Mark Kurlansky is the author of twenty-nine books, some of them novels. Where he’s really made a name for himself is in and around the food business. The first of his bestsellers was Cod. He followed this with Salt and, in 2014, a biography of Clarence Birdseye II, the founder of the frozen-food industry. Prizes and praise have been his in equal proportion.
Paper is aimed at a general readership and is also excellent. Kurlansky takes us steadily through the origins of paper and the reasons (usually bureaucratic) why there was a demand for it, starting with China and the Islamic world and ending, of course, with the age of email and the most rapidly declining type of paper, newsprint. Once again, bureaucracy is the driving force: the volume of records generated today could not possibly be stored anywhere except on computer hard drives. There is much in this early story that is arresting. The case of the Chinese bamboo strips is a good example.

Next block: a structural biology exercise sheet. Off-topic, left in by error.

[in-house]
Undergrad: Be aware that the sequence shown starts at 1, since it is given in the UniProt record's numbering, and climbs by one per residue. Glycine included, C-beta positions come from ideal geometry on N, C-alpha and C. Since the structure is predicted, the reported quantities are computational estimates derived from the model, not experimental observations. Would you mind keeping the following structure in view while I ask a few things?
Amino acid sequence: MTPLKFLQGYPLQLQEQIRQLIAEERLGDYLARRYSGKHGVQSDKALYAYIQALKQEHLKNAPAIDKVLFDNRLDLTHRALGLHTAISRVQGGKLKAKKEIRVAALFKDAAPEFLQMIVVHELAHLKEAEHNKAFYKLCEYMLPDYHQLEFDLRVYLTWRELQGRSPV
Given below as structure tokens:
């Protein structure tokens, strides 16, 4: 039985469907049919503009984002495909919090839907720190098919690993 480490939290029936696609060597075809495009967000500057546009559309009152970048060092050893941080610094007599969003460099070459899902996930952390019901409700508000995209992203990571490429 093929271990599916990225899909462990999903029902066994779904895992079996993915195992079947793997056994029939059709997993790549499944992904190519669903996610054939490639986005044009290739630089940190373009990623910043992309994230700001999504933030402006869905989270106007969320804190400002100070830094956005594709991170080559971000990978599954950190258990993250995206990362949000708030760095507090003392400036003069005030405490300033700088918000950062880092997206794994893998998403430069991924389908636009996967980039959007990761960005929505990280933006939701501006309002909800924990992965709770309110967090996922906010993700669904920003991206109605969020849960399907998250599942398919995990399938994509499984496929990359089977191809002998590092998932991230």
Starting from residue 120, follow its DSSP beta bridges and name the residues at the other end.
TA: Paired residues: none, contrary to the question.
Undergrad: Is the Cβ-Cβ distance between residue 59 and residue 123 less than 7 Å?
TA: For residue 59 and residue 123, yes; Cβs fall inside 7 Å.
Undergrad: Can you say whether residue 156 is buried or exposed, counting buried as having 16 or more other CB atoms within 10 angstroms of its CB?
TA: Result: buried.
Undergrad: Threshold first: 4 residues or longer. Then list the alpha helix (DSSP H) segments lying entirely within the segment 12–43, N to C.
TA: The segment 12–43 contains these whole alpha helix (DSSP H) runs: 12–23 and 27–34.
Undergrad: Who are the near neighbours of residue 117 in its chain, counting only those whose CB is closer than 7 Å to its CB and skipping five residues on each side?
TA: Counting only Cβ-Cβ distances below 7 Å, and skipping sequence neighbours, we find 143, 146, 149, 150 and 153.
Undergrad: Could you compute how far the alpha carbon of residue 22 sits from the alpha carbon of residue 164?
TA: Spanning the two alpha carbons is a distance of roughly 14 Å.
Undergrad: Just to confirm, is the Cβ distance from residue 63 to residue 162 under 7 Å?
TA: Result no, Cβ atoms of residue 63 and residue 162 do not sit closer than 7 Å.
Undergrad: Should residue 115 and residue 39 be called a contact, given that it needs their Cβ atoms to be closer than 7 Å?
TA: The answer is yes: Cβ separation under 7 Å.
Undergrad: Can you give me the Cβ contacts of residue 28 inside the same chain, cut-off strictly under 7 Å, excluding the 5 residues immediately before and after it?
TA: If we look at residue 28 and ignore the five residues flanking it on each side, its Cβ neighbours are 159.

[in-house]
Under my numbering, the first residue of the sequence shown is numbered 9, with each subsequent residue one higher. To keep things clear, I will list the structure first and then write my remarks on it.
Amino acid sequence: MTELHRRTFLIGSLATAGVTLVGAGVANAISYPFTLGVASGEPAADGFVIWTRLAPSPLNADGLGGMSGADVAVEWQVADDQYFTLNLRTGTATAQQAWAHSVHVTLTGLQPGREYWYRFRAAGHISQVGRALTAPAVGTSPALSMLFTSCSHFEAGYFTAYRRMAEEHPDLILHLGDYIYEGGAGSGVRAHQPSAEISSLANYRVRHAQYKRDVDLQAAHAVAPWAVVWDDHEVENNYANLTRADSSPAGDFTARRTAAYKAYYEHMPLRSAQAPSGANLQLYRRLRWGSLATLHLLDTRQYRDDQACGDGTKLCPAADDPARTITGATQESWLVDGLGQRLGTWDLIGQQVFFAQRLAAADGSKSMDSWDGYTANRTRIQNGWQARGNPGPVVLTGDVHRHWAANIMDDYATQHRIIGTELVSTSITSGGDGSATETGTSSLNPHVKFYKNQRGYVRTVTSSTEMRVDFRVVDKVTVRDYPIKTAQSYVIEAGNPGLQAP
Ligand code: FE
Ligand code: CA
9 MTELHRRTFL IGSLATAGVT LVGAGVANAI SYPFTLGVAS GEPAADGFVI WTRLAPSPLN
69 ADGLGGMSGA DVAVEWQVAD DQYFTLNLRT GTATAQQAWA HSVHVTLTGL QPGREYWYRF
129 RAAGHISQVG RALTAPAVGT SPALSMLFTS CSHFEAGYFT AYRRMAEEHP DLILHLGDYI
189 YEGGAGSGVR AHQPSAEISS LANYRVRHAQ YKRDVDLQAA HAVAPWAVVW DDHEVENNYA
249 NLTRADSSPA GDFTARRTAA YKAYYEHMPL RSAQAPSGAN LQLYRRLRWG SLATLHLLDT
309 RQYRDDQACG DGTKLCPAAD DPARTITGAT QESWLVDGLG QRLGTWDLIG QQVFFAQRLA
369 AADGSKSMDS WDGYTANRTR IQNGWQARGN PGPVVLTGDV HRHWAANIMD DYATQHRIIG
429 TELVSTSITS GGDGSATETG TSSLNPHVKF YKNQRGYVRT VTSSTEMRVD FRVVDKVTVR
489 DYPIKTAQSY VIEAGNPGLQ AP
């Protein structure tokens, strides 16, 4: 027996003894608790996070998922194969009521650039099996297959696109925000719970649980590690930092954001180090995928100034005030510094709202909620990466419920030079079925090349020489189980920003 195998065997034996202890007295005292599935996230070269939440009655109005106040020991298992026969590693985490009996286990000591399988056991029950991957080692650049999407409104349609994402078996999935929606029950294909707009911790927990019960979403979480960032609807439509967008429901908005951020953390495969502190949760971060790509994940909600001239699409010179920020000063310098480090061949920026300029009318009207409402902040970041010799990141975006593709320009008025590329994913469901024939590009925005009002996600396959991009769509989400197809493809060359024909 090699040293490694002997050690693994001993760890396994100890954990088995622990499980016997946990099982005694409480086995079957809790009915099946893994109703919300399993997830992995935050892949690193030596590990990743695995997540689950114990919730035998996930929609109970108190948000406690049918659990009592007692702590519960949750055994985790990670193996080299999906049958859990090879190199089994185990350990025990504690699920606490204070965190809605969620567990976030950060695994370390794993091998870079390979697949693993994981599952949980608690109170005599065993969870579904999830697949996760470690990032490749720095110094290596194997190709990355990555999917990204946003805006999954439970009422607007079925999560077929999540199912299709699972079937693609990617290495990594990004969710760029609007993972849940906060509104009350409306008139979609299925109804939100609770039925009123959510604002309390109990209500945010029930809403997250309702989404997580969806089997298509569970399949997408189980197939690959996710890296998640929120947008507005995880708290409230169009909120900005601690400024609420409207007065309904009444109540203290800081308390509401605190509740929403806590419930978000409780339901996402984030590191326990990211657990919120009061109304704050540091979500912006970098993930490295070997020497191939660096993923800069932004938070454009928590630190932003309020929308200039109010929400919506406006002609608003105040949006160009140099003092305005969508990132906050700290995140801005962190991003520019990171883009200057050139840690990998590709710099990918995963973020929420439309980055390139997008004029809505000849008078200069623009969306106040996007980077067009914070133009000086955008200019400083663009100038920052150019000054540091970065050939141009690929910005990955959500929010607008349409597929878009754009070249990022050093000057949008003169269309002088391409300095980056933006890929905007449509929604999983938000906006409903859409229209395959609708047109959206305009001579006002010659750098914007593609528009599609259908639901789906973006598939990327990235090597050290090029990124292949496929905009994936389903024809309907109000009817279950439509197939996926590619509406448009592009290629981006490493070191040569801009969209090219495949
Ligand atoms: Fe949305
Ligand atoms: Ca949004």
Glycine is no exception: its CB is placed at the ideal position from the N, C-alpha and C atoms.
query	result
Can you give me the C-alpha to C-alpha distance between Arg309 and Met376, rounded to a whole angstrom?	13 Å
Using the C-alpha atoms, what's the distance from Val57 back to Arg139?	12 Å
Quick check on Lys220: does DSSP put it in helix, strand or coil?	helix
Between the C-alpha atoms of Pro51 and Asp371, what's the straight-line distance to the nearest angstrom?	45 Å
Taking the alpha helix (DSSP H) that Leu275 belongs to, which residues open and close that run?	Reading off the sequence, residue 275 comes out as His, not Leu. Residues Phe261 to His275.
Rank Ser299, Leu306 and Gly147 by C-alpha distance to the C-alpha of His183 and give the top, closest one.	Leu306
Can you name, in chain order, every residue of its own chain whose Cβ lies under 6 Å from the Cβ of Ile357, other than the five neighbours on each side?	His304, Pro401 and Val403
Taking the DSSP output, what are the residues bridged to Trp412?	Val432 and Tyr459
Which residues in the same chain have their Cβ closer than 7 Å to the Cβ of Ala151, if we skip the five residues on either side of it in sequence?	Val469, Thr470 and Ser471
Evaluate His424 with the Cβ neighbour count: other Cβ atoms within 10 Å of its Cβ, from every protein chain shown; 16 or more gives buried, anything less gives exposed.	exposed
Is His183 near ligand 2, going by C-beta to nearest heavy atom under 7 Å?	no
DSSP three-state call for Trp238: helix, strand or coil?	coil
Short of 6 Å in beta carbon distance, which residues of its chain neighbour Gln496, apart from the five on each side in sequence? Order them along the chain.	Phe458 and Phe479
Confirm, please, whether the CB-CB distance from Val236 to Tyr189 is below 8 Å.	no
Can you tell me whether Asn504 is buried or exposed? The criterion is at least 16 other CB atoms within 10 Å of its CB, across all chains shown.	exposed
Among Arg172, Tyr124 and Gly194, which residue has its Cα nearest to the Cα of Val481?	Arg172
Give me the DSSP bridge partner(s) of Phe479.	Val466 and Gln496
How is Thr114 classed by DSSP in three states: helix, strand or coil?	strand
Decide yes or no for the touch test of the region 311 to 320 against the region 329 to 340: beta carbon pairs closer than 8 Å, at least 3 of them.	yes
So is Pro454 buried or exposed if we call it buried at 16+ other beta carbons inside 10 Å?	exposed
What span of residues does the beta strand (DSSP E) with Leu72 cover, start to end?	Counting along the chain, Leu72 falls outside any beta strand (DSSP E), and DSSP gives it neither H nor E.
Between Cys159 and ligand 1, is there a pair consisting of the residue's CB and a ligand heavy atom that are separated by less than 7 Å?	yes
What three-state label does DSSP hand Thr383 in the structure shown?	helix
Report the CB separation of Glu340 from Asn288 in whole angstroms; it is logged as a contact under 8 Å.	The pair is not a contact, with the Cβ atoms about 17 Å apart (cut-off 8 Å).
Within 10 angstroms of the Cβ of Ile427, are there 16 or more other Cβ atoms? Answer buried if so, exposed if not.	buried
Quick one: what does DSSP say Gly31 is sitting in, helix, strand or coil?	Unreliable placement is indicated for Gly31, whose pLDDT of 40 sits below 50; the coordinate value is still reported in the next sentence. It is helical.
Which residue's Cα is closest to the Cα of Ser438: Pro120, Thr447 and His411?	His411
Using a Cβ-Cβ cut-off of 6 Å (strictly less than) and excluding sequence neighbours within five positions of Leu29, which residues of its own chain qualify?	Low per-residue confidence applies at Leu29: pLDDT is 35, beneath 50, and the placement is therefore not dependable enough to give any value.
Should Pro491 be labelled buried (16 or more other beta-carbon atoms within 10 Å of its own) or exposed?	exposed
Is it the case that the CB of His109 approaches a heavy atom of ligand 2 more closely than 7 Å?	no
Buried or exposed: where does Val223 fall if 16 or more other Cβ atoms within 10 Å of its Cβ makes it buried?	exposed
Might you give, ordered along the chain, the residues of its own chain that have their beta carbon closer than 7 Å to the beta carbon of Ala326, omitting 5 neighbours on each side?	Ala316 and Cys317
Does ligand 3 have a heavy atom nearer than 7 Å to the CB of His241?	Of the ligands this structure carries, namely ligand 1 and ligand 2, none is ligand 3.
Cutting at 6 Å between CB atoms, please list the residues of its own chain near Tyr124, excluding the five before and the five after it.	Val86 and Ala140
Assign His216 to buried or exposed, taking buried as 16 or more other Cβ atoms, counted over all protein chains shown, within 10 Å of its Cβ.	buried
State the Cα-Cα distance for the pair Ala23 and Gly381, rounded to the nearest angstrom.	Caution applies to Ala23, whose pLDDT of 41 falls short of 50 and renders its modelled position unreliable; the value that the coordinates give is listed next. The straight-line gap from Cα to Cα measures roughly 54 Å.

In 2006 a batch of waterlogged ‘manuscripts’ now known as the Tinghua texts was unearthed in south-central China. These documents were written on hundreds of strips of bamboo, nine inches or so long on average, and date, it is said, from about 300 BC, the era of the Hundred Schools